U-48 stopped, searched and released several neutral ships before encountering and sinking Winkleigh on 8 September 1939 after her crew had taken to the lifeboats.[7]

On 11 September U-48 sank Firby. Some of the crew required medical attention following the sinking. U-48 provisioned the lifeboats, gave medical assistance and radioed:

Churchill, wrongly, told the House of Commons that the U-boat captain who had sent the message had been captured.[5] After 30 days at sea, U-48 returned to Kiel on 17 September 1939. During her first war patrol, she sank three ships for a total of 14,777 tons.[3]

2nd patrol (4–25 October 1939)[edit]

U-48‍ '​s second patrol was even more successful. Having left Kiel on 4 October, she proceeded to follow the same course as her previous voyage. During her second patrol, U-48 sank a total of five enemy ships, including the large French tanker SS Emile Miguet on 12 October, Heronspool and Louisiane on 13 October, Sneaton on 14 October and Clan Chisholm on 17 October. Following the sinking of Clan Chisholm, U-48 attacked the British steamer Rockpool with fire from her deck gun on 19 October at 1:32 pm. However, the steamer returned fire. In order to avoid being hit, U-48 crash-dived. She subsequently re-surfaced and attempted to sink the steamer again when an Allied destroyer came upon the engagement. U-48 then broke off the fight with Rockpool and submerged once more to leave the area. Following the sinking of five enemy merchant ships for a total of 37,153 tons as well as the engagement with Rockpool, U-48 returned to the safety of Kiel on 25 October 1939 after spending 22 days at sea.[9]

3rd patrol (20 November – 20 December 1939)[edit]

U-48 left Kiel for her third patrol on 20 November 1939. During this voyage, she sank a total of four vessels including two merchant ships from neutral nations. The first ship to fall victim to the U-boat was the 6,336-ton neutral Swedish motor tanker MT Gustaf E. Reuter. She was attacked by U-48 on 27 November 14 nmi (26 km; 16 mi) west-northwest of Fair Isle. The wreck was later sunk by an escort vessel. One person died, 33 of her crew survived. The tug HMS St. Mellons attempted to salvage her, however Gustaf E. Reuter eventually had to be sent to the bottom by HMS Kingston Beryl on 28 November. Following the sinking of Gustaf E. Reuter, U-48 sank the British freighter Brandon on 8 December off the southern coast of Ireland. The next day, she attacked the British tanker San Alberto. The ship was so badly damaged that she had to be sunk by HMS Mackay.[10] Finally on 15 December 1939 U-48 stopped the neutral Greek freighter Germaine which had been chartered by Ireland and was also neutral, to carry maize to Cork. Schultze maintained that she was going to England, so he sank her. U-48 returned to Kiel on 20 December 1939 after sinking a total of 25,618 tons and spent a total of 31 days at sea.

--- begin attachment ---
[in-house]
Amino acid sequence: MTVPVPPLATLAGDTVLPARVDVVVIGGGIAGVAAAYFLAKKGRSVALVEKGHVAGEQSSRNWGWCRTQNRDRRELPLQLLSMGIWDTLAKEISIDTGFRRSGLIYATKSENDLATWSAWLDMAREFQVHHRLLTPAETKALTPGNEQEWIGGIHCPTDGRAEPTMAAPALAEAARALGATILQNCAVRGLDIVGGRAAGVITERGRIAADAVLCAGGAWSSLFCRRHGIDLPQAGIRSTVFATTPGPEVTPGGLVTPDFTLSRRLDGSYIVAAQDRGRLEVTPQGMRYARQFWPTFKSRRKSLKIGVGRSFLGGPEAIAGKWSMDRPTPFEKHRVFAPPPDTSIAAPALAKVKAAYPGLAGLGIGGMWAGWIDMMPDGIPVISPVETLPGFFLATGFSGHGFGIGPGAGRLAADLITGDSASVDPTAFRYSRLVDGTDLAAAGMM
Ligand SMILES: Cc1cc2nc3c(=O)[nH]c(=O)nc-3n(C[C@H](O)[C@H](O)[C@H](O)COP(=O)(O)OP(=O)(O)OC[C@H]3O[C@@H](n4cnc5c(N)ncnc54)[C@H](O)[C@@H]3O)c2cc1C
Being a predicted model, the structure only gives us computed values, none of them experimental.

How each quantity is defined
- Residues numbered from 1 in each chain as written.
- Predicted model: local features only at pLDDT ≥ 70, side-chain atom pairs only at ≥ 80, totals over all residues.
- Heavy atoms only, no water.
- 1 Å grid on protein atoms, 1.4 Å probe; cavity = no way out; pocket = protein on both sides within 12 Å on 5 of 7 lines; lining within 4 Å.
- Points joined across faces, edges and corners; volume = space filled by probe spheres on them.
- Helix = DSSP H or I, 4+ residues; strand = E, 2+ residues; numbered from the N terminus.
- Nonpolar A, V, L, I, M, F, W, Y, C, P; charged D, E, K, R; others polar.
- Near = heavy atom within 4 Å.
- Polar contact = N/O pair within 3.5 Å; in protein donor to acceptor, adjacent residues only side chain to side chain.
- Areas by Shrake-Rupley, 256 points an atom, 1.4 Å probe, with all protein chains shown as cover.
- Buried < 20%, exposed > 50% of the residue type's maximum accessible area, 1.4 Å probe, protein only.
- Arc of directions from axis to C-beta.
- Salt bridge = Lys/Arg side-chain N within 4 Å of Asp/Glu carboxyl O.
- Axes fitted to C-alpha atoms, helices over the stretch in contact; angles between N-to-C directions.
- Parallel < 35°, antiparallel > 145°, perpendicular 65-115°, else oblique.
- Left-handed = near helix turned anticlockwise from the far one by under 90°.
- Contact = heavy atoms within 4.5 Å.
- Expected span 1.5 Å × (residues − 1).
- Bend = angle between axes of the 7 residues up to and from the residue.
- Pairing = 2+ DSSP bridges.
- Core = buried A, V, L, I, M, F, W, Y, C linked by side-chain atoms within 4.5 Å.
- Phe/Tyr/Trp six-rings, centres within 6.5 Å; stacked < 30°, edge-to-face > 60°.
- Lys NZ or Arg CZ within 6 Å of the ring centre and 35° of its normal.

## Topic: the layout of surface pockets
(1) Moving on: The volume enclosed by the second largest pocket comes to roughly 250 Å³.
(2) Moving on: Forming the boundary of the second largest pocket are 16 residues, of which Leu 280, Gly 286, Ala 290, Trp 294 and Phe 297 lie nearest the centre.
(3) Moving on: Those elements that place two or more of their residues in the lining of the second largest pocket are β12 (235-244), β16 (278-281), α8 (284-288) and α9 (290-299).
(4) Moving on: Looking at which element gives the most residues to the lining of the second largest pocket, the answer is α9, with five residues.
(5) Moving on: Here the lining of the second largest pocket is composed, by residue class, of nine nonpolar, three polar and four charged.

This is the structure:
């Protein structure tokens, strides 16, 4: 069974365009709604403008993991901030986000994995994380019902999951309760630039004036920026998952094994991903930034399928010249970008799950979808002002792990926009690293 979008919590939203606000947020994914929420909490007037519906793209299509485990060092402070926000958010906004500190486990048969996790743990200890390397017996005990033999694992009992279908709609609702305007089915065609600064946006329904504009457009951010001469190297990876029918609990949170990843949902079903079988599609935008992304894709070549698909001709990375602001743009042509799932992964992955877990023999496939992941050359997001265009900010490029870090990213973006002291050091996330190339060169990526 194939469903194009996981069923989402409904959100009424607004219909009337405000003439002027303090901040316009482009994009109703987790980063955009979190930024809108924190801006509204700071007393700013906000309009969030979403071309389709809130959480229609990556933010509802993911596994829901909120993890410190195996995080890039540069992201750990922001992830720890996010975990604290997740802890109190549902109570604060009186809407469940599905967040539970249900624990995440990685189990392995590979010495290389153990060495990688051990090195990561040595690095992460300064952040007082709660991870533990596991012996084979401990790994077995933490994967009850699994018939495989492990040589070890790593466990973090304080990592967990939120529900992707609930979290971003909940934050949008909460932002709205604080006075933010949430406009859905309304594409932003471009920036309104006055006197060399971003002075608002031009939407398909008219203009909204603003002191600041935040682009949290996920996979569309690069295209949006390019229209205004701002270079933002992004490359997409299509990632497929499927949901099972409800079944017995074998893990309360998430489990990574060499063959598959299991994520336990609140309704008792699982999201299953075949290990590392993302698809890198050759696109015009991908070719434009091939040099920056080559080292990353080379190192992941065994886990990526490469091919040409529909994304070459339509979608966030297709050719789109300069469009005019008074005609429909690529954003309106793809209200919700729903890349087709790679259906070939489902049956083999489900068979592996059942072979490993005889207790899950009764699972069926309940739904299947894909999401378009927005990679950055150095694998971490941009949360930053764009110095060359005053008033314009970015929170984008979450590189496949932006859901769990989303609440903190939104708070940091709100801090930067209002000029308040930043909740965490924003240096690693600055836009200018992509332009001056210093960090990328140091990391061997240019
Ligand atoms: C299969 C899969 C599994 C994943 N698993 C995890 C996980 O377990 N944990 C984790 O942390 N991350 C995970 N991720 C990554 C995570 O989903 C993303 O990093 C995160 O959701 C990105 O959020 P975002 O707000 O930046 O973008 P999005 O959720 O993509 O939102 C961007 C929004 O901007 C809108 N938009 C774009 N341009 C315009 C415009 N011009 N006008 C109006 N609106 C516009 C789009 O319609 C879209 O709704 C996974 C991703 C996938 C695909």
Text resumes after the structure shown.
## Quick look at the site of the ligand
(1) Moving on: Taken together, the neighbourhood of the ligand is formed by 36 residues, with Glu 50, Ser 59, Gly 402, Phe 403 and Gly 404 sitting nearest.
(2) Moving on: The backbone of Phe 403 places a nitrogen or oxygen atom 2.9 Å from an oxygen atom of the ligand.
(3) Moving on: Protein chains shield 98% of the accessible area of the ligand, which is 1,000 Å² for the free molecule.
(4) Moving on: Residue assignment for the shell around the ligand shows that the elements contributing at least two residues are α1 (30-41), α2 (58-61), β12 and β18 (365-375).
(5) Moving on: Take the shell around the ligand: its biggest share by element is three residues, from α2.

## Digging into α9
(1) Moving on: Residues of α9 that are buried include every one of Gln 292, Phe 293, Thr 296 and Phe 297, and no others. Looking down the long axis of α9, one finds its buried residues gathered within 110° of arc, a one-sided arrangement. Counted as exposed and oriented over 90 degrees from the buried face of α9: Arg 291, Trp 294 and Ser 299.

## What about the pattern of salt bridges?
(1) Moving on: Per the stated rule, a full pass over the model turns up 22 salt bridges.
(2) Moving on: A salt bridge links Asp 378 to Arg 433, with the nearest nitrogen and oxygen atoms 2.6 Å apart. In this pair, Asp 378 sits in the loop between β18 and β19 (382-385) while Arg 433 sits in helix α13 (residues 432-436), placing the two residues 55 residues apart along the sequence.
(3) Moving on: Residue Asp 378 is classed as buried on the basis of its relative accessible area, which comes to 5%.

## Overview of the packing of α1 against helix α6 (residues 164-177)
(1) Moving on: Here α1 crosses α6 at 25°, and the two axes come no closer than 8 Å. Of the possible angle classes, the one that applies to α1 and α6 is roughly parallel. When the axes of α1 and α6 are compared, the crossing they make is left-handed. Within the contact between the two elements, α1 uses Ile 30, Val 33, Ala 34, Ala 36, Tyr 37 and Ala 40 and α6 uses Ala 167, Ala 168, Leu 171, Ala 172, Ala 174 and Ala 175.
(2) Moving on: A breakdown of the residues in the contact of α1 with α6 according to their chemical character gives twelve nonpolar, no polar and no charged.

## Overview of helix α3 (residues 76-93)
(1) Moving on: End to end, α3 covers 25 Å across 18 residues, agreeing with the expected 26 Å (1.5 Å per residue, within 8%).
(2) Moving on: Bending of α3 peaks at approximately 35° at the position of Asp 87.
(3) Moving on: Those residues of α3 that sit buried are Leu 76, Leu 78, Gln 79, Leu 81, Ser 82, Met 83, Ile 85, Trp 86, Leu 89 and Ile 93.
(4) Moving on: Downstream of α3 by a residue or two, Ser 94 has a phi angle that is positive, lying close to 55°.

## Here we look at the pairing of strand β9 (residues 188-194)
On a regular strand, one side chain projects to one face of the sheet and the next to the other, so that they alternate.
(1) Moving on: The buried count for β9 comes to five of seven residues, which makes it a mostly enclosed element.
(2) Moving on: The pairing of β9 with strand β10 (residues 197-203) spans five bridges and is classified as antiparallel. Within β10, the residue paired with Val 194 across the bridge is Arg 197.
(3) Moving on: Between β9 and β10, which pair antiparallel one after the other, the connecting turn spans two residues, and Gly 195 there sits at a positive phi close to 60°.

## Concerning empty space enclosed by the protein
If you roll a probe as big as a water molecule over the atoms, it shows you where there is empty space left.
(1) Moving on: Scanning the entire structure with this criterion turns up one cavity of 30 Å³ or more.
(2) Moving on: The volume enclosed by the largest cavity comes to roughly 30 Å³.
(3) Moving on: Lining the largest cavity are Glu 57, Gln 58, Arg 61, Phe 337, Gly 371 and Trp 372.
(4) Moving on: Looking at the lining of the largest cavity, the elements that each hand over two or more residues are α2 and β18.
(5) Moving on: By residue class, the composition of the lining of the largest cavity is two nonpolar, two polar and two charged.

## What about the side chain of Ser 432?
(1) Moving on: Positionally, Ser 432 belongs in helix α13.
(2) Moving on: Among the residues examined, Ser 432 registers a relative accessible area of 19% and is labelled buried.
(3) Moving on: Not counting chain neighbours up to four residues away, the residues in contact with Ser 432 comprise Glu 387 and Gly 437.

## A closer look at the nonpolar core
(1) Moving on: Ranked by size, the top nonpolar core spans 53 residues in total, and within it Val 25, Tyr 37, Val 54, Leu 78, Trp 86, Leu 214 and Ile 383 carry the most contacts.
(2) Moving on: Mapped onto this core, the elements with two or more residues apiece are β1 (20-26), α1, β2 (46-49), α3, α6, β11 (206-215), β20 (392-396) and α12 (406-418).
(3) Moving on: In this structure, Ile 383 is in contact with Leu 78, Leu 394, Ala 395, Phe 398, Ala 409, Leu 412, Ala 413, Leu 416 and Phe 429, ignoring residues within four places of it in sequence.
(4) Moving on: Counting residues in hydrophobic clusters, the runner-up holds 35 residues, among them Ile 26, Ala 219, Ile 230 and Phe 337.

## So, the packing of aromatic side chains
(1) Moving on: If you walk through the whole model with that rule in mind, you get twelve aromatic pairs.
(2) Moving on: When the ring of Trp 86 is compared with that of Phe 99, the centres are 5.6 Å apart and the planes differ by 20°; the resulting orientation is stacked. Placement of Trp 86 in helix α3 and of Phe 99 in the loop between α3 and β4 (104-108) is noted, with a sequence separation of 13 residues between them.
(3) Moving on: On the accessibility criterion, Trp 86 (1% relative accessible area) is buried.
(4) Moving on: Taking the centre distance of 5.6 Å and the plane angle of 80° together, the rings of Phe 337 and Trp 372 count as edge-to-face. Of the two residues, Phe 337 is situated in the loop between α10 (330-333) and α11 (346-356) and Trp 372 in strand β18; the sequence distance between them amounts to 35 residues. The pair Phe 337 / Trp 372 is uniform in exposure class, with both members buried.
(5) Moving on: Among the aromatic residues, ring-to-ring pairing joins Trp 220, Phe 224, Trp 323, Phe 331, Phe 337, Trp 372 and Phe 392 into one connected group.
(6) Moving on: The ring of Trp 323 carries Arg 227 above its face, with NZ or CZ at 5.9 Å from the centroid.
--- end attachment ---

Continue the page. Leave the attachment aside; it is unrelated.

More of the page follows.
4th patrol (24 January – 26 February 1940)[edit]

After a break over the Christmas period, the boat put to sea again, sinking the British Blue Star Line liner SS Sultan Star in the Western Approaches, it was only carrying freight.[11] She laid a string of mines off St Abb's Head which failed to have any effect, but two neutral Dutch ships were added to her tally shortly afterwards, as well as a Finnish ship, all of them operating in the North Atlantic in cooperation with the Allied convoy system.

5th and 6th patrols (April 1940 and June 1940)[edit]

Her fifth patrol, in June 1940 was one of her most successful, making full use of the situation in Europe following the Fall of France. U-48 was commanded by Hans Rudolf Rösing, as Herbert Schultze was hospitalised with a kidney and stomach complaint.[12] She attacked three ships off the Donegal coast; Stancor carrying fish from Iceland, Eros carrying 200 tons of small arms from America and Frances Massey with iron ore. 34 sailors lost their lives on Frances Massey. The cargo on Eros was particularly important following the losses at Dunkirk. The badly damaged Eros was taken in tow by HMS Berkeley, assisted by HMS Bandit and Volunteer and headed to the Irish coast, where Muirchú and Fort Rannoch were waiting for them. The Eros was beached on Errarooey strand. While she was being repaired, Irish troops guarded the site.[13]

Germany learned that a troop convoy, including RMS Queen Mary and Mauretania were bringing 25,000 Australian soldiers to Britain. U-48 was ordered to Cape Finisterre where a U-boat 'wolfpack' was being assembled to intercept the convoy. However the U-boats attacked other ships in the vicinity, alerting the convoy to their presence, so they altered direction, avoiding the 'wolfpack'.[14] On 19 June 1940, Convoy HG-34 was attacked. U-48 sank SS Baron Loudoun (three died), SS British Monarch (all 40 on board died) and MV Tudor (one death). Convoy HX-49 dispersed; U-48 sank Moordrecht which had been in that convoy; 25 died. Ireland had chartered neutral Greek ships; U-48 sank Violando N. Goulandris (six died) while U-28 sank Adamandios Georgandis (one death). Ireland sought an explanation from Germany "... steamships, the entire cargoes of which comprised grain for exclusive consumption in Éire were sunk by unidentified submarines ..."[15]